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Inaugural Houston challenge names winning team with plastics solution

University of Houston students Sarah Grace Kimberly and Emma Nicholas won UH Energy Transition Institute's inaugural Circular Plastics Challenge. Photo via

Dozens of Houston college students tackled circular economy challenges, and two came out on top by winning the top award.

University of Houston’s Energy Transition Institute hosted a challenge for students to address the issue of plastic waste and create a real-world circular economy, as over 60 students participated in the inaugural Circular Plastics Challenge.

Six finalist teams presented their solutions at the 2023 Energy Night hosted by the UH Energy Coalition with final pitches ranging from transportation emissions, renewable packaging and sustainable material, drones to limit excess packaging, and more topics aimed to reduce use.

Sarah Grace Kimberly and Emma Nicholas were the challenge winners. The team proposed using a liquid-based membrane filter inserted into household drains to combat microplastics found in common personal care products, such as makeup and hygiene items. The membrane’s function would act as a magnet, which would attract and capture microplastics from wastewater in showers and sinks. Both juniors from the C.T. Bauer College of Business also won the viewer’s choice award from their peers.

“We wanted to provide a simple solution to a growing problem,” Kimberly says in a news release. “Before we did this project, we didn’t know that microplastics existed, let alone in our makeup. I didn’t know I was basically putting plastic on my face every single day and washing it off into our drains. Because it’s an unseen problem, it’s hard to address.”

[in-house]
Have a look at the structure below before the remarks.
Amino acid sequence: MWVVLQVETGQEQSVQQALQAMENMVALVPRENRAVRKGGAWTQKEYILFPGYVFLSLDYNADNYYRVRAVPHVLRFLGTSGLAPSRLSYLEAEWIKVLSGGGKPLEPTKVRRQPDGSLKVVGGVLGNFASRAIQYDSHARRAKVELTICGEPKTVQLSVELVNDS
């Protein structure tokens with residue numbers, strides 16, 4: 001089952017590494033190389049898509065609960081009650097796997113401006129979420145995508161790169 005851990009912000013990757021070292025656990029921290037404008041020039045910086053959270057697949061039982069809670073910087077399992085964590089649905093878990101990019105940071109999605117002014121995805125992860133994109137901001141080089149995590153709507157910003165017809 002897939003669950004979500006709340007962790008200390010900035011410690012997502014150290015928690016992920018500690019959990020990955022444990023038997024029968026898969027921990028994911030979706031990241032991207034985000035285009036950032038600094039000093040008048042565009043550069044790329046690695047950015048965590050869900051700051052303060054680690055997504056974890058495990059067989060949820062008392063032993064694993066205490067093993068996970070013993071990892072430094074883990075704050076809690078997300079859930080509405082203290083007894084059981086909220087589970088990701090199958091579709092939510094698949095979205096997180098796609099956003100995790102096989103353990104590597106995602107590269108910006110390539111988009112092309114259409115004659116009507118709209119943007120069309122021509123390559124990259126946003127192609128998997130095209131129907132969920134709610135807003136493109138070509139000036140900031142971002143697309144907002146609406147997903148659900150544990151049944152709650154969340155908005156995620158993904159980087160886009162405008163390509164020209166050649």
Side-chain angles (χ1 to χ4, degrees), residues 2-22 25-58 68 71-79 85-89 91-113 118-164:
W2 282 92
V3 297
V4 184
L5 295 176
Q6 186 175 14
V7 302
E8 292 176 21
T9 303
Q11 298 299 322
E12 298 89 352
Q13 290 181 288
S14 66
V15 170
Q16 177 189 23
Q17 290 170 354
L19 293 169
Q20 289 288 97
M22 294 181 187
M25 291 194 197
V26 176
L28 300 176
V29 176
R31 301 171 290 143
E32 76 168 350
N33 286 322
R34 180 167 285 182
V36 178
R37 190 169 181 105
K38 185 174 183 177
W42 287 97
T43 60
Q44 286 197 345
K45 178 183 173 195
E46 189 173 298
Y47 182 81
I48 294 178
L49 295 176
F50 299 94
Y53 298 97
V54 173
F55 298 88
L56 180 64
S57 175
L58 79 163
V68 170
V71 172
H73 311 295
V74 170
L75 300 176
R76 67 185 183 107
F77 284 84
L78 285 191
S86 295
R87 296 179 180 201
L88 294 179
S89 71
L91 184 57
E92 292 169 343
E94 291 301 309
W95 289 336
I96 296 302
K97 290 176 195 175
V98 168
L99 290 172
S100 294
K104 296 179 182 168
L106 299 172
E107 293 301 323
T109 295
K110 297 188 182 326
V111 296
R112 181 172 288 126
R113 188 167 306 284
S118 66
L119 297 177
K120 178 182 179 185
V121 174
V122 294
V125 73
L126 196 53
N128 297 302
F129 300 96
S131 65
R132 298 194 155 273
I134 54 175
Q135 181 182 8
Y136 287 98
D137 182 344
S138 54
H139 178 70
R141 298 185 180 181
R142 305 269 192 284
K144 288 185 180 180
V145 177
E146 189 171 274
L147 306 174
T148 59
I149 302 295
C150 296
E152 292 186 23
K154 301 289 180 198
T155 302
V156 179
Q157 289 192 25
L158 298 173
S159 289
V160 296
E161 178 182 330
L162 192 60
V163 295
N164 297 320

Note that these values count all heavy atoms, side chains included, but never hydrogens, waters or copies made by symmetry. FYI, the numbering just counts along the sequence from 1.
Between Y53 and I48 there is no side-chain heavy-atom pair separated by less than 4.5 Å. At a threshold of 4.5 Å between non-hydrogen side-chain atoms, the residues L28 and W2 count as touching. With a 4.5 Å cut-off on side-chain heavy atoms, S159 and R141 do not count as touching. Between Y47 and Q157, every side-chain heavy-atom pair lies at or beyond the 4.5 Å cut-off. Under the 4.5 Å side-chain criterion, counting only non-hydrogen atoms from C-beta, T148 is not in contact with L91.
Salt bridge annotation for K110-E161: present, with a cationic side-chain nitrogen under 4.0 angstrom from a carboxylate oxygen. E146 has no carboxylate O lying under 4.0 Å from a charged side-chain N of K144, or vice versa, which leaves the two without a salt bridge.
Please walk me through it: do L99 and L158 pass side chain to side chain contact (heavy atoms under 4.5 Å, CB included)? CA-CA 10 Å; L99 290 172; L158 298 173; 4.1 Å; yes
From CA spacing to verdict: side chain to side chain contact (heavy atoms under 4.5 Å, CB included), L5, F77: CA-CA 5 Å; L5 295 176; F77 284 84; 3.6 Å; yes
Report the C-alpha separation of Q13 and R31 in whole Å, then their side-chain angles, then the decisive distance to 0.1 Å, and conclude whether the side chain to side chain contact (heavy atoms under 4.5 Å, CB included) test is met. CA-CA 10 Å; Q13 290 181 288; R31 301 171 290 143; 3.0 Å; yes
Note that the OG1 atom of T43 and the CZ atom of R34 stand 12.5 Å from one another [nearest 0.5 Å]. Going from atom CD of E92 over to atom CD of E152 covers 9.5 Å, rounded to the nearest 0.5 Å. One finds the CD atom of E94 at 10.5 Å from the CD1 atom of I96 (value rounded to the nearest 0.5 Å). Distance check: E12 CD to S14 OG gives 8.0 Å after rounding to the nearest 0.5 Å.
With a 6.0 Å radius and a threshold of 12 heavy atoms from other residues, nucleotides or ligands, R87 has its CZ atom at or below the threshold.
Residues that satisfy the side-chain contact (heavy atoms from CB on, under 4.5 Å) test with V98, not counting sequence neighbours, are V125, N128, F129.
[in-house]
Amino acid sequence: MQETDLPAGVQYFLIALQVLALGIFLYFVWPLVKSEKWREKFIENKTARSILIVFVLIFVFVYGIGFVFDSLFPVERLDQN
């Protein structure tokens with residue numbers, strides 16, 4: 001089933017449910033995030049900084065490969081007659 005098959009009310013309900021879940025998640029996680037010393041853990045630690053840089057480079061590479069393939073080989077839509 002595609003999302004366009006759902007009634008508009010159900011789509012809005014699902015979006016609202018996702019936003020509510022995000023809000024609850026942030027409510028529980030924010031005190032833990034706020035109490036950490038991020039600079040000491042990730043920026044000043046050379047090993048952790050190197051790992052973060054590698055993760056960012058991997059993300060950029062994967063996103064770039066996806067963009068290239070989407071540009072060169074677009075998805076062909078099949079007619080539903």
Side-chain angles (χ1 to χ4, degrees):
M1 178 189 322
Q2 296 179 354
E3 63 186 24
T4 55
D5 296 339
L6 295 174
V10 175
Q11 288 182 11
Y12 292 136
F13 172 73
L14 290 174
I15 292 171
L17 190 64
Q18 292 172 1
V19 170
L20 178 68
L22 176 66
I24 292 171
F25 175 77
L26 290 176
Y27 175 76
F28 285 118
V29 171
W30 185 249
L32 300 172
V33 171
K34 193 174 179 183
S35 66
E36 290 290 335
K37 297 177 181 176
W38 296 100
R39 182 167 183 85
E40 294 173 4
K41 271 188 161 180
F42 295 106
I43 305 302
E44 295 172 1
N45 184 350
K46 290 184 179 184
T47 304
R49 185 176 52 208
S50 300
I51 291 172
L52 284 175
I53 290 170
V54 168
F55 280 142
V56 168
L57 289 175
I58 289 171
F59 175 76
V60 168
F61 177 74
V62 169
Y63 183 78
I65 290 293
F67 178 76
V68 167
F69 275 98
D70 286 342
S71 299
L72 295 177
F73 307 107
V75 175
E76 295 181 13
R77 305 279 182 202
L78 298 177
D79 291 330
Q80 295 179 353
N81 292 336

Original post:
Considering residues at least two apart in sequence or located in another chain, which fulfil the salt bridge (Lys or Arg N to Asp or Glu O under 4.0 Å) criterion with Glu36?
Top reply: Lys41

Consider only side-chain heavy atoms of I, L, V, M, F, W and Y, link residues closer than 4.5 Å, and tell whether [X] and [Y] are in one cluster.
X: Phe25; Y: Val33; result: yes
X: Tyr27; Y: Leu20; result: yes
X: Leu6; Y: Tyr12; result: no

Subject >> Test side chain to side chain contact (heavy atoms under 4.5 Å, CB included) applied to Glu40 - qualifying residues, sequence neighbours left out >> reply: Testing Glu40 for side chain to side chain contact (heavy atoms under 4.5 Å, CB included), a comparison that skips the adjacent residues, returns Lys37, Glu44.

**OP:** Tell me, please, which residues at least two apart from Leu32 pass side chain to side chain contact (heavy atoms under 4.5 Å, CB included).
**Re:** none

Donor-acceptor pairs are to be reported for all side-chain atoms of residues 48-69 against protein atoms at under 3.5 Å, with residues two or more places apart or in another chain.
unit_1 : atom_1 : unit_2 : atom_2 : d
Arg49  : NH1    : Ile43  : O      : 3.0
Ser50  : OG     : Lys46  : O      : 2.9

UH’s ETI is an academic research institute that focuses on advancing environmentally responsible energy efforts.

“If you look at the wide variety of proposals and approaches, you can see the complexity of the problem and all the different things that society must consider to find solutions,” ETI Founding Executive Director Joe Powell says in the release. “I think circularity in plastics and chemicals is as difficult to address as the net-zero issue within the energy sector, if not more. We have a unique opportunity here to tackle both, and it’s really great to see our students thinking ahead.

Other finalists included Wolff Center for Entrepreneurship seniors Nicolas Einarsson, Bennett Mainini, Arianna Chavarria, and Fernanda Ruelas, who secured second place with their renewable packaging company presentation titled “ShipSafe.”

Reverse Logistics — with team members Hasti Seraji, Farzane Ezzati, and Haowei Yang — earned third place for their consumer-driven reverse logistics approach to recycling packaging.

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A View From HETI

Looking to start composting? This is your month to try it out with free drop-off spots in Houston. Photo via Getty Images

The City of Houston Solid Waste Management Department is launching a free Food Waste Drop-Off pilot program through the end of February.

The program is in collaboration with Council Member Sallie Alcorn, Zero Waste Houston and the City of Houston Health Department, and allows residents to drop off food scraps at four different locations. The locations are:

  • Kashmere Multi-Service Center, Mondays from 2 to 5 pm
  • Acres Homes Multi-Service Center, Tuesdays from 2 to 5 pm
  • Alief Neighborhood Center, Wednesdays from 4 to 7 pm
  • Sunnyside Multi-Service Center, Thursdays from 3 to 6 pm

Houston residents, businesses, and institutions generate 6.2 million tons of municipal solid waste per year according to the Solid Waste Department program.

“You’ll find when you start composting your food scraps, there is a lot less trash generated in your home, at your curb, and taken to the landfill,” Alcorn says in a news release.

The Solid Waste Management Department provides solid waste services with the collection, disposal, and recycling of discarded material in an environmentally-friendly and cost effective way.

“The Solid Waste Department is eager to continue to provide innovative programs that divert waste from the landfill and actively engage Houston residents,” says Mark Wilfalk, Director of Solid Waste Management in the release.

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